Marriage to Cuban leaves Brampton bride brokenhearted — and broke
Erin Standen says the man she met in April 2010 vanished three days after finally joining her in Canada — an all-too-familiar story for Border Services.
By: Nicholas Keung Immigration reporter, Published on Thu Feb 07 2013
After Erin Standen married the man of her dreams a year ago, she showered him and his family in Cuba with love — and gifts.
In June, while waiting for the spousal sponsorship to come through in Havana, the 28-year-old Brampton single mother began renovating her basement apartment for their new life.
She ripped out the carpet, installed tile floors, bought a 47-inch big-screen TV and put in a $4,000 bedroom set, anticipating his arrival.
On Jan. 12, the long wait was finally over and Jorge Manuel Batista Gonzalez, 33, arrived at Pearson International Airport, embraced by an exhilarated Standen.
Three days later, Standen says, Gonzalez — after kissing her goodbye as she left for her waitressing job — walked out the door with all the clothes and other things she had bought for him, along with $1,000 tip money she had collected in the bedroom.
All that remained of him, she says, was a misspelled note on a crumpled napkin: “Sorry I don’t fell love anymore. Don’t lock for me. I’l be good. I will try to pay you back. Thank x Everithing. Jorge Manuel.”
Calgary man sentenced to 90 days for beating niece over marriage refusal
5:33 pm, February 8th, 2013
Credits: STUART DRYDEN/CALGARY SUN/QMI AG
KEVIN MARTIN | QMI AGENCY
CALGARY — Beating his niece for refusing to marry the man of his choice has landed a Calgary man a 90-day jail term.
But the three adult children of Gurbachan Bandesha were spared a similar fate Friday, as Justice Marsha Erb granted them conditional discharges.
The discharges, which will mean no criminal records for Kamaldip and Balsher Bandesha and their sister, Jasvir Sidhu, will be conditional on them completing 18 months of probation.
Immigration Minister Urges Canadians To Honor Blacks In Law Enforcement
By IBTimes Staff Reporter | February 6, 2013 10:47 PM PST
Observing February as Black History Month, Immigration Minister Jason Kenney Tuesday called upon all Canadians to recognize the achievements of black Canadians in law enforcement.
“Black Canadians have made significant contributions to all areas of Canadian life, and this year we are focusing our celebration on the contributions of past black pioneers and present leaders who have done so much to serve and protect our communities,” Minister Kenney said while speaking at the Canadian War Museum, according to a press release made by the Immigration office.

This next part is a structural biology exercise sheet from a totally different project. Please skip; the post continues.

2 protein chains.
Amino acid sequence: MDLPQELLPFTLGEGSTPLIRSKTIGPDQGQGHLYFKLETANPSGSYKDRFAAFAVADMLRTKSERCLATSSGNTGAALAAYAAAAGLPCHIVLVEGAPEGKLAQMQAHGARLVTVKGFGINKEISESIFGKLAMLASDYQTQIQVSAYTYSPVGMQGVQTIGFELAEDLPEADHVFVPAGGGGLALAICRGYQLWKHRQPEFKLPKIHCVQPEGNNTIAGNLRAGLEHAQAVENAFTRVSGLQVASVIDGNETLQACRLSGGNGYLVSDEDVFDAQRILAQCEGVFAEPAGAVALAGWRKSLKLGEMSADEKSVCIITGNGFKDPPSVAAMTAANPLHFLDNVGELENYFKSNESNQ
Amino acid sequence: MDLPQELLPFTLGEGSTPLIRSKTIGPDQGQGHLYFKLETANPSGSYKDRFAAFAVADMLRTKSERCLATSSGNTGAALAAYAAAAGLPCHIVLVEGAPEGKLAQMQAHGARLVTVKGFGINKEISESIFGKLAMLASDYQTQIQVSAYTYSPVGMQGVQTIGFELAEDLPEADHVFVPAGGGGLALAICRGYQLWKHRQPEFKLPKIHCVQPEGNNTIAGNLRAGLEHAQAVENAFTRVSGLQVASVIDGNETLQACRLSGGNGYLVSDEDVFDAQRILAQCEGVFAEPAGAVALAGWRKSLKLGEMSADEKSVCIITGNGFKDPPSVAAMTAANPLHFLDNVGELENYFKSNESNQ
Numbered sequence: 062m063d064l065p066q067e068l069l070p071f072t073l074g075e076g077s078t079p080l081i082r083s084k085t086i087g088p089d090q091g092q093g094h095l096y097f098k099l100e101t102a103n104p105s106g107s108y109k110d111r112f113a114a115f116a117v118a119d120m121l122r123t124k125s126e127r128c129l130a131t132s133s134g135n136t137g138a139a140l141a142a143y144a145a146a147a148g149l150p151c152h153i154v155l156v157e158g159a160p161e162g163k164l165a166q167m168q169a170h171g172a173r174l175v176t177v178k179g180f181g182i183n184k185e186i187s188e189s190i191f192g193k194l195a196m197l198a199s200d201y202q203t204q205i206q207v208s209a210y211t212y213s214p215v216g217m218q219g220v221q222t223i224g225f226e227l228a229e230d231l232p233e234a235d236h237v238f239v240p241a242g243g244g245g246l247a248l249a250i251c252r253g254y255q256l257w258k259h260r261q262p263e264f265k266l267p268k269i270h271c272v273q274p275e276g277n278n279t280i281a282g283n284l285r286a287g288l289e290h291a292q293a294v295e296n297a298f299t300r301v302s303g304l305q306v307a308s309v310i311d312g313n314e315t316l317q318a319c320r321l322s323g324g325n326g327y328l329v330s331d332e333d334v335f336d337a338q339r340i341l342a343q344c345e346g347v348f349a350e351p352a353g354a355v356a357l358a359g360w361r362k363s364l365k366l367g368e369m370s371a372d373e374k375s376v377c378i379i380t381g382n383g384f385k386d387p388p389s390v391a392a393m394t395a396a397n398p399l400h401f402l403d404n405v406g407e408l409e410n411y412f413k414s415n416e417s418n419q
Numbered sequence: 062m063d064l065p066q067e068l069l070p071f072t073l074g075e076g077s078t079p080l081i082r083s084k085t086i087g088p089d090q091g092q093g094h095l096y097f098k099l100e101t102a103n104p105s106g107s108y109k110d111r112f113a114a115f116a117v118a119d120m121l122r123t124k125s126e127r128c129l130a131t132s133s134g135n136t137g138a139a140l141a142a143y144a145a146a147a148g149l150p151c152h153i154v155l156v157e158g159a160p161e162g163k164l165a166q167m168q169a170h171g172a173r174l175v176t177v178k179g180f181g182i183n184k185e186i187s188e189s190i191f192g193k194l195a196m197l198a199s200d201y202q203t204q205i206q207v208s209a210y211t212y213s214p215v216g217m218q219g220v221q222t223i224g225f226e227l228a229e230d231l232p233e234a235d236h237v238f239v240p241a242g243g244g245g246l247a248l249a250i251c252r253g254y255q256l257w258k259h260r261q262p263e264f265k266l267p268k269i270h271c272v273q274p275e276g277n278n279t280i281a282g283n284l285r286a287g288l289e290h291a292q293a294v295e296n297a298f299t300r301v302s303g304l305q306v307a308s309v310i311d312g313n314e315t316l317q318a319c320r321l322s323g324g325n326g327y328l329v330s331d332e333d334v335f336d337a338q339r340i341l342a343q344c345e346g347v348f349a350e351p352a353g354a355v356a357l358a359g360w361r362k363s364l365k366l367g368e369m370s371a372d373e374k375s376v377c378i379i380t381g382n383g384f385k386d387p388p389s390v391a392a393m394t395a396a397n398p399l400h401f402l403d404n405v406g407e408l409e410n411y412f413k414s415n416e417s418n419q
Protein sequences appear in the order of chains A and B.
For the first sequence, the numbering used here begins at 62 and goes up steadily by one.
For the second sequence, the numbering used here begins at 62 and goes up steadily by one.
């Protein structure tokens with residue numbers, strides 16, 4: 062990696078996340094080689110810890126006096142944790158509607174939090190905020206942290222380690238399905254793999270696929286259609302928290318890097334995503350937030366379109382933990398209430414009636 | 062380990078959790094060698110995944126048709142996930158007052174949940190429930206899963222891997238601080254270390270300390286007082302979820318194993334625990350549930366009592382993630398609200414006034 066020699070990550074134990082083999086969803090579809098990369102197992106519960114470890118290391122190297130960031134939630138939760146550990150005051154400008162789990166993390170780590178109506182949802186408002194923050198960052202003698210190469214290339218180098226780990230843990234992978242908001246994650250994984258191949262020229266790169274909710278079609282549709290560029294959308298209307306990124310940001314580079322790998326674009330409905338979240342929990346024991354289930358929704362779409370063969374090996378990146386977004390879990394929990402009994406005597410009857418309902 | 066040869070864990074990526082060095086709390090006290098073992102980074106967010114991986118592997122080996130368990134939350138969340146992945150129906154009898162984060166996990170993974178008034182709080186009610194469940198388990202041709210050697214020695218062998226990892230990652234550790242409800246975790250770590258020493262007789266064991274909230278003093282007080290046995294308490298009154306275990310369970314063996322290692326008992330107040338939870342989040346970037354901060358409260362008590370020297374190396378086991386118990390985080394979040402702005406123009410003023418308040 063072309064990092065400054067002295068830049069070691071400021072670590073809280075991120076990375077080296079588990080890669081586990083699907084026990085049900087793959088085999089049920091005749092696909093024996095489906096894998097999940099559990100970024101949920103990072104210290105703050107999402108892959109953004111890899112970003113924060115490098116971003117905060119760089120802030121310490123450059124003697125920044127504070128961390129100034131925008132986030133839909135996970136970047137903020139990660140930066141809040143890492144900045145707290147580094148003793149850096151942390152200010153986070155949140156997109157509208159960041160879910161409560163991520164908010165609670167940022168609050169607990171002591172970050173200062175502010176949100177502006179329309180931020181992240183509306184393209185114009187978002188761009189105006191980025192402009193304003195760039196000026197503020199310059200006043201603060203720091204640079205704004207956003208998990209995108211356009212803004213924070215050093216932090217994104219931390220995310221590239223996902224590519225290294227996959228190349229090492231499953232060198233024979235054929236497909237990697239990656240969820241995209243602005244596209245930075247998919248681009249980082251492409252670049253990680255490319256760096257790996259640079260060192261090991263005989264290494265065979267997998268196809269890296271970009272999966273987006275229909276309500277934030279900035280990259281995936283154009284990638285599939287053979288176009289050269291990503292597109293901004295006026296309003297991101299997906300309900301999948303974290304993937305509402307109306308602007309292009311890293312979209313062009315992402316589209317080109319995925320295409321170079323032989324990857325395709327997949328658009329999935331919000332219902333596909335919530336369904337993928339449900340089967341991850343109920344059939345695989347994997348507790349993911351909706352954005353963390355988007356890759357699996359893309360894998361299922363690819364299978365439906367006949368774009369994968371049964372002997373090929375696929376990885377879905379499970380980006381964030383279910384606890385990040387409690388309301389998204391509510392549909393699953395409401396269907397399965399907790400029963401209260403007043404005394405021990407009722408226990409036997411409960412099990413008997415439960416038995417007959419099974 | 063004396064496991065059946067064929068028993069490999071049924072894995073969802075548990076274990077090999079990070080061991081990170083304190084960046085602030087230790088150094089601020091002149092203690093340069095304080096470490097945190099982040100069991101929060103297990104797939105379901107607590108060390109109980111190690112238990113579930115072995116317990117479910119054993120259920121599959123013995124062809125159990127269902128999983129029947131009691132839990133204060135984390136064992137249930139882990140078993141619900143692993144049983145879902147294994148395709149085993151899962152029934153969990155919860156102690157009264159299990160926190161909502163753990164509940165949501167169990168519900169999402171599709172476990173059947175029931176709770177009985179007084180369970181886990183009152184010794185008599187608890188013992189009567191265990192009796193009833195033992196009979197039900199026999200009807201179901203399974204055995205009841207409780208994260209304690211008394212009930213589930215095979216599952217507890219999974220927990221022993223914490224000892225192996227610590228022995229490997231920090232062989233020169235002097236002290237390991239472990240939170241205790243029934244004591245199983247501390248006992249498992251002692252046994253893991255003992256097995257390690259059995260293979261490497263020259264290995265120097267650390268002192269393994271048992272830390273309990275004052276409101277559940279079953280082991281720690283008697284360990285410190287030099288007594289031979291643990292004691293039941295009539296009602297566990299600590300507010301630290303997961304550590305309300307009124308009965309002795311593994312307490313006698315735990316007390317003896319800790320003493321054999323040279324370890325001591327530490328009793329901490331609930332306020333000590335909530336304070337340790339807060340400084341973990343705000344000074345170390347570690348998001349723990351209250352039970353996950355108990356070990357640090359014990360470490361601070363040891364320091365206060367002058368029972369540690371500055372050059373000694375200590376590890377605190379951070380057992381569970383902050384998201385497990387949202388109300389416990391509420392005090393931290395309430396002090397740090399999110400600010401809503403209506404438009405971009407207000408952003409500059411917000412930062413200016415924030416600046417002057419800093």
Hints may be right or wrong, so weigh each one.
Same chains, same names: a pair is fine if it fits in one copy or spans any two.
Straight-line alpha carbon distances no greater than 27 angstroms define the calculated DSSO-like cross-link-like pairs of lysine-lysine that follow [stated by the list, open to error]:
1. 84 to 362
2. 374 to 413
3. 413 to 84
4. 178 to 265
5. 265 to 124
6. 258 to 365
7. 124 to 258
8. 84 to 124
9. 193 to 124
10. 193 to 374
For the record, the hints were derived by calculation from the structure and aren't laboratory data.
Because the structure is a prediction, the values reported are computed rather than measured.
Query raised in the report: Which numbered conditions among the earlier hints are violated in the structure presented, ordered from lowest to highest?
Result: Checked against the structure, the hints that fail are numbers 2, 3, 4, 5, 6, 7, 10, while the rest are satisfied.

Winds of change keep blowing on Canadian immigration lands. In July 2012, we discussed several steps taken by the Federal government relating to the rules and processes applicable to temporary and permanent immigration applications. More changes have been announced in the recent months. These changes aim to allow more foreigners into Canada to meet growing labour shortages.
New Bridging Open Work Permits for certain Permanent Residence (“PR”) applicants
Since December 15, 2012, foreign nationals currently in Canada with a valid work permit and a PR application in process in one of the Federal Economic Programs, are now eligible for a Bridging Open Work Permit that will allow them to maintain their status and continue working in Canada until a final decision on their PR application is made.
Hassan: Canadian government should have power to revoke citizenship of terror suspects
By Farzana Hassan, Special to QMI Agency
Friday, February 8, 2013 5:54:35 EST PM
Immigration Minister Jason Kenney has stated what many have been thinking for some time: He has proposed that Canadian passport holders who commit acts of terror abroad or in Canada may have their citizenship revoked.
The scope of the private member’s Bill C-425 proposed by Conservative MP Devinder Shory will therefore be expanded to include the right of the Canadian government to revoke citizenship of individuals with dual nationalities who commit terror abroad or against Canada.